Deep learning, Computer Vision and self-driving cars
I develop GPU solutions for self-driving cars at NVIDIA. In my previous lab at UIUC, I researched intelligent and dependable autopilot architectures for modern autonomy. Hobby-grade drones, R/C cars were augmented with embedded Linux computers, networking and sensors. We extended motion capture technologies for indoor positioning. We trained Deep Neural Networks (DNN) models with GPUs.
Train robot cars to follow navigation and perform maneuvers.
Robotics and machine learning technologies are combined to develop self-driving cars towards L4 capabilities.
LiDAR and machine learning-based object avoidance
Here, a DNN model is deployed on a rover which reads 2D LiDAR measurements and is able to avoid dynamic obstacles.
Object avoidance using TensorFlow with MAVkit (See below)
Similar functionalities can be achieved with expert-engineered algorithms. The NeuralNets approach is characteristic; it mimics human driver behavior.
End-to-End learning for self-driving car implemented with a model R/C vehicle.
A simpler CNN architecture based on NVIDIA's model has been trained to drive a self-driving model vehicle running MAVkit (see below). The TensorFlow model is running on an off-board GPU and steering commands are streamed to the MAVkit vehicle over network.
Accessible Self-driving Car Testbed
Self-driving technologies will be revolutionary to human mobility. To support researchers and students who are the driving force of this revolution, low-cost testbed platforms have been developed. Thanks to the effort of open-source community and FPV hobbyists, a complete deep-learning self-driving platform can be built for low budget.
YOLO with OTG real-time Computer Vision
Inspired by the FPV hobby community, MAVkit (see below) integrates an OTC receiver to stream low-latency video from a self-driving car camera enables real-time performance of computer vision for object detection and classification, a critical perception requirement by any autonomous system. (This example uses YOLOv2.)
Dependable autopilot architectures
As modern unmanned aerial systems (UAS) continue to expand the frontiers of automation, ever-increasing accessibility and capability of UAS expose new challenges to security and flight safety.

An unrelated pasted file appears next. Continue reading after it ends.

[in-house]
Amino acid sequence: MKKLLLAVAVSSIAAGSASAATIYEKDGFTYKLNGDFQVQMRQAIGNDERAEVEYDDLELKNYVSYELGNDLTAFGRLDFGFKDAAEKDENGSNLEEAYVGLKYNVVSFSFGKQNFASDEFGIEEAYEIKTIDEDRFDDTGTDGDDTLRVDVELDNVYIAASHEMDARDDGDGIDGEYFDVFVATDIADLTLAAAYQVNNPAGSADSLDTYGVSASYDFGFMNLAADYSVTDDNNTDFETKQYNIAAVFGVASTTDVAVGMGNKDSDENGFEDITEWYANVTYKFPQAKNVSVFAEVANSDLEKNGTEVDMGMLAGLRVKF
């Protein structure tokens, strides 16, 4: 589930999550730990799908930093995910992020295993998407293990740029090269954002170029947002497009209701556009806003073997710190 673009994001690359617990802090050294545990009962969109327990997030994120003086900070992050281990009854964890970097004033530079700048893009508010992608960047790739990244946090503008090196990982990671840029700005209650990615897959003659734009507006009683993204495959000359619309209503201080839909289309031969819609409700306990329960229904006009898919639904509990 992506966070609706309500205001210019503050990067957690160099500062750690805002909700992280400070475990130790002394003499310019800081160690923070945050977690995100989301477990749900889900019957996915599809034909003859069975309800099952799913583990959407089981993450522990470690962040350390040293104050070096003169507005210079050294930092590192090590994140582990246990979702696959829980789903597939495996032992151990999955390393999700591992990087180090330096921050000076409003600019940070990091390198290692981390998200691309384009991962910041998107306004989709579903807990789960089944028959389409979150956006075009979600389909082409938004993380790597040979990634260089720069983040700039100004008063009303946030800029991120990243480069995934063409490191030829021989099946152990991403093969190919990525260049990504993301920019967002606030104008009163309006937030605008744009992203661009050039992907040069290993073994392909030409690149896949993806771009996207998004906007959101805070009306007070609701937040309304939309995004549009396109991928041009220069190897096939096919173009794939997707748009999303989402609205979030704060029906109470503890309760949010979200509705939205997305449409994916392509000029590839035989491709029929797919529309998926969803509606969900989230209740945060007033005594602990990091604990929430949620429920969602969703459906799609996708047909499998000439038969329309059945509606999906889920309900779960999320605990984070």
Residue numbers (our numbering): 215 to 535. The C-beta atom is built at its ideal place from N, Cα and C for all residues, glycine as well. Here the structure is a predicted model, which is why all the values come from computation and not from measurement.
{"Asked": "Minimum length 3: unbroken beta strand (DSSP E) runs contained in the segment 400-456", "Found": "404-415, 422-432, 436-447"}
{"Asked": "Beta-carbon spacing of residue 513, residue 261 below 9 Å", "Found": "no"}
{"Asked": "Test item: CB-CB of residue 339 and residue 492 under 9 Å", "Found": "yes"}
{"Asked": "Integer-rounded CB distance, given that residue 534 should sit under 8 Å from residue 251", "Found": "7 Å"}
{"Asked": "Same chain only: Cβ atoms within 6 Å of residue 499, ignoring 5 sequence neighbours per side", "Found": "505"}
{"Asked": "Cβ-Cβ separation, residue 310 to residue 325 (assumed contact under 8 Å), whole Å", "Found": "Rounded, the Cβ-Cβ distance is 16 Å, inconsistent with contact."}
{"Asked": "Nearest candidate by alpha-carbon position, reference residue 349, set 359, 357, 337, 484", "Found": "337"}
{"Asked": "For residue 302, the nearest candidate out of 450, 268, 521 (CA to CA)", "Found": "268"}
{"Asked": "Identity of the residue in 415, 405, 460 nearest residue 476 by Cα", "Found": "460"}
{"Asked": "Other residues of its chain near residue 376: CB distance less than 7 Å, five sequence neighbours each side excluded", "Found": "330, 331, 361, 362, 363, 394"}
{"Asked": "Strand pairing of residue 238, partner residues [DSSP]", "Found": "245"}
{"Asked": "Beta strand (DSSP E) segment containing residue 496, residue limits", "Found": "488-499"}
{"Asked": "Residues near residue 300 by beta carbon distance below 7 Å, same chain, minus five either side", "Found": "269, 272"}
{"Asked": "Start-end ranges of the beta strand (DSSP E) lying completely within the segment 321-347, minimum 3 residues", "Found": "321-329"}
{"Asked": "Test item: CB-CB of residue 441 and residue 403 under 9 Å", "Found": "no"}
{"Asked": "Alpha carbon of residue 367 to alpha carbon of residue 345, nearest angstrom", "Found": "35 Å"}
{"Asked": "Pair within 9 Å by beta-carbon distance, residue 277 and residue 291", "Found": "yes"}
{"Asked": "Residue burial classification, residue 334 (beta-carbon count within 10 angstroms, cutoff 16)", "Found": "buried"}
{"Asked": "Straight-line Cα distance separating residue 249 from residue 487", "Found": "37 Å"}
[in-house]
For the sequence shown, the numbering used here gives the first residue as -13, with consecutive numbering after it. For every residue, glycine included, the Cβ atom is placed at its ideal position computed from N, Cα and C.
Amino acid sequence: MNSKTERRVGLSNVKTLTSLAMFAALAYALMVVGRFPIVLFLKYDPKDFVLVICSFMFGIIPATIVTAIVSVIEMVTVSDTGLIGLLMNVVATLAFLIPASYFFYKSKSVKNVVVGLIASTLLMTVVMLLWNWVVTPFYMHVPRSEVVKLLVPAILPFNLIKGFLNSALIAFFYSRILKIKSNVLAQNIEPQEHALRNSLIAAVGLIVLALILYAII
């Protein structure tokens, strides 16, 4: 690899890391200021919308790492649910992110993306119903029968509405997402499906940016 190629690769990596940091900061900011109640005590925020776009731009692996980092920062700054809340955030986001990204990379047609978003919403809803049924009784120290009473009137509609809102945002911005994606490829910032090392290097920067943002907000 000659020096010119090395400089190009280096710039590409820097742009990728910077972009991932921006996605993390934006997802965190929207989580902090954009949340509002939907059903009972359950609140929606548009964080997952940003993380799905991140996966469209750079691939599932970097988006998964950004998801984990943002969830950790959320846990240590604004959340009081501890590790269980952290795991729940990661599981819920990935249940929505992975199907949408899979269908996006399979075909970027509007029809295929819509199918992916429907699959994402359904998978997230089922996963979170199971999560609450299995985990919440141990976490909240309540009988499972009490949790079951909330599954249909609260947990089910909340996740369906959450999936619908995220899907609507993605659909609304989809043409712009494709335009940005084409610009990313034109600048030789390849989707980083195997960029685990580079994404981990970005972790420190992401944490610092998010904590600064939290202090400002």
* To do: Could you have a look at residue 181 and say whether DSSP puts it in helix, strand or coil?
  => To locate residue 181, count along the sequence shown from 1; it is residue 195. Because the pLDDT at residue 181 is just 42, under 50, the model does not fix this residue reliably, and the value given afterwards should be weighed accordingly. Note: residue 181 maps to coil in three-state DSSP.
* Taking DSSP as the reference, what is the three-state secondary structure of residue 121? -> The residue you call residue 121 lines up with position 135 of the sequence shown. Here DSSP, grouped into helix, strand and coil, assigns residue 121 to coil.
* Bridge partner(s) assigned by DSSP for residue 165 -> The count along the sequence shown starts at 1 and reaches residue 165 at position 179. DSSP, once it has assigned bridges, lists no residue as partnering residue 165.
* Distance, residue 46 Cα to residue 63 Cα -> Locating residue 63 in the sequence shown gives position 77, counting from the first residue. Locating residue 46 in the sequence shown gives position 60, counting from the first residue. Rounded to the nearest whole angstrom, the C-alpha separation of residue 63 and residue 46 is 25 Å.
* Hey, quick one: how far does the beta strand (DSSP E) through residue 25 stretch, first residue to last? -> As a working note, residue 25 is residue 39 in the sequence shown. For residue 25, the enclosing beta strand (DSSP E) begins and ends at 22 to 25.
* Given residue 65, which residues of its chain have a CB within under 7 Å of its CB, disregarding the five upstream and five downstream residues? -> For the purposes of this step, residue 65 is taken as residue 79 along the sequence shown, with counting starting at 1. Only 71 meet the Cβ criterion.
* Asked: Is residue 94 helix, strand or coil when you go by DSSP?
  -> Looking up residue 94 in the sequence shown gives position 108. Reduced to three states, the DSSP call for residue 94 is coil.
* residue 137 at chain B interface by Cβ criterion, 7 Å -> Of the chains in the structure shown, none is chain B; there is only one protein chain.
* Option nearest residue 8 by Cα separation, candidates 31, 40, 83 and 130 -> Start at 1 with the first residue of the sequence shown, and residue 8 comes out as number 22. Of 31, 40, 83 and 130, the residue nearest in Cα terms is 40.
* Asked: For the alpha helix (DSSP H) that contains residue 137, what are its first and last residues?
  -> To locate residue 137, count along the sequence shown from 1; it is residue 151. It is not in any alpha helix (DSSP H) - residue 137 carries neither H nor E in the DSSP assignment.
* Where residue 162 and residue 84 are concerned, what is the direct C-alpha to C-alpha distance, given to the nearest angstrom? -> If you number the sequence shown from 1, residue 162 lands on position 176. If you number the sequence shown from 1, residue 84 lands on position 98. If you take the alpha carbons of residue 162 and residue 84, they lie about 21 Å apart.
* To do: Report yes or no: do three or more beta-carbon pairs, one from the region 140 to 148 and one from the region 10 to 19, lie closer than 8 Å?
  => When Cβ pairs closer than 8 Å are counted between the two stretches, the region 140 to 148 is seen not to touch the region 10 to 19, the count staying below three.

Modern intelligent UAS integrate high-performance computing platforms and sophisticated software because of the computation-intensive jobs running on-board. The high system complexity requires a dependable design of UAS system to guarantee computation correctness and flight safety.
I am interested in modern autopilot architectures that can deliver high performance, robustness and resilience to software fault and cyber attacks.
Modern high-performance, cyber attack-resilient, fault- tolerant and safety-assured UAS autopilot.
We develop autopilot systems that utilize multi-core computing hardware for performance, data-driven adaptive control and system monitoring algorithms for fault detection, protection and recovery of mission-critical modules for system safety.
MAVkit: an autopilot framework for mobile robotics research and education
I am interested in open-source software and hardware for makers to build their own autonomous vehicles. Here is such a platform I developed that is used in universities (with Vicon indoor positioning integration).
MAVkit integrates indoor positioning using Vicon
Vicon high-fidelity positioning system provides ground-truth positional measurements for robots. ViconMAVLink is the software that simulates GPS and sends packets to Linux robots.
One of the biggest challenges in mobile robotics research is to build a versatile and reliable testbed that can be used as a platform to explore new intelligent robotics methodologies. MAVkit is an integrated framework of software tools and designs that can be installed on inexpensive embedded Linux computers. Combined with any off-the-shelf R/C models, the system performs as a capable physical platforms for mobile robotics research. Due to the low-cost feature of the system, MAVkit is also suited for classroom settings where multiple platforms need to be distributed to students for course projects.
Sensing and autonomy
MAVkit integrates IMU, LiDAR, GPS, Vicon and Cameras, uses PX4 and Ardupilot as the backend, supports a unified user interface (command line and API) for multi-copters, fixed-wings, rovers and boats. The resulting system is a capable tool for mobile robotics research and education.
A $40 raspberry pi computer and modern computer vision
MAVkit aims for inexpensive real-time embedded Linux computers, such as the raspberry pi. Those platforms do not come with fancy CUDA computing hardware. But no worries, a $15 OTG kit and a laptop will allow SOTA computer vision techniques to drive MAVkit vehicles.
MAVkit communicating using radio
MAVLink packets can be sent via telemetry radio. With a 915MHz transceiver, MAVkit running on a groundcontrol Linux computer can command a UAV beyond visual line of sight.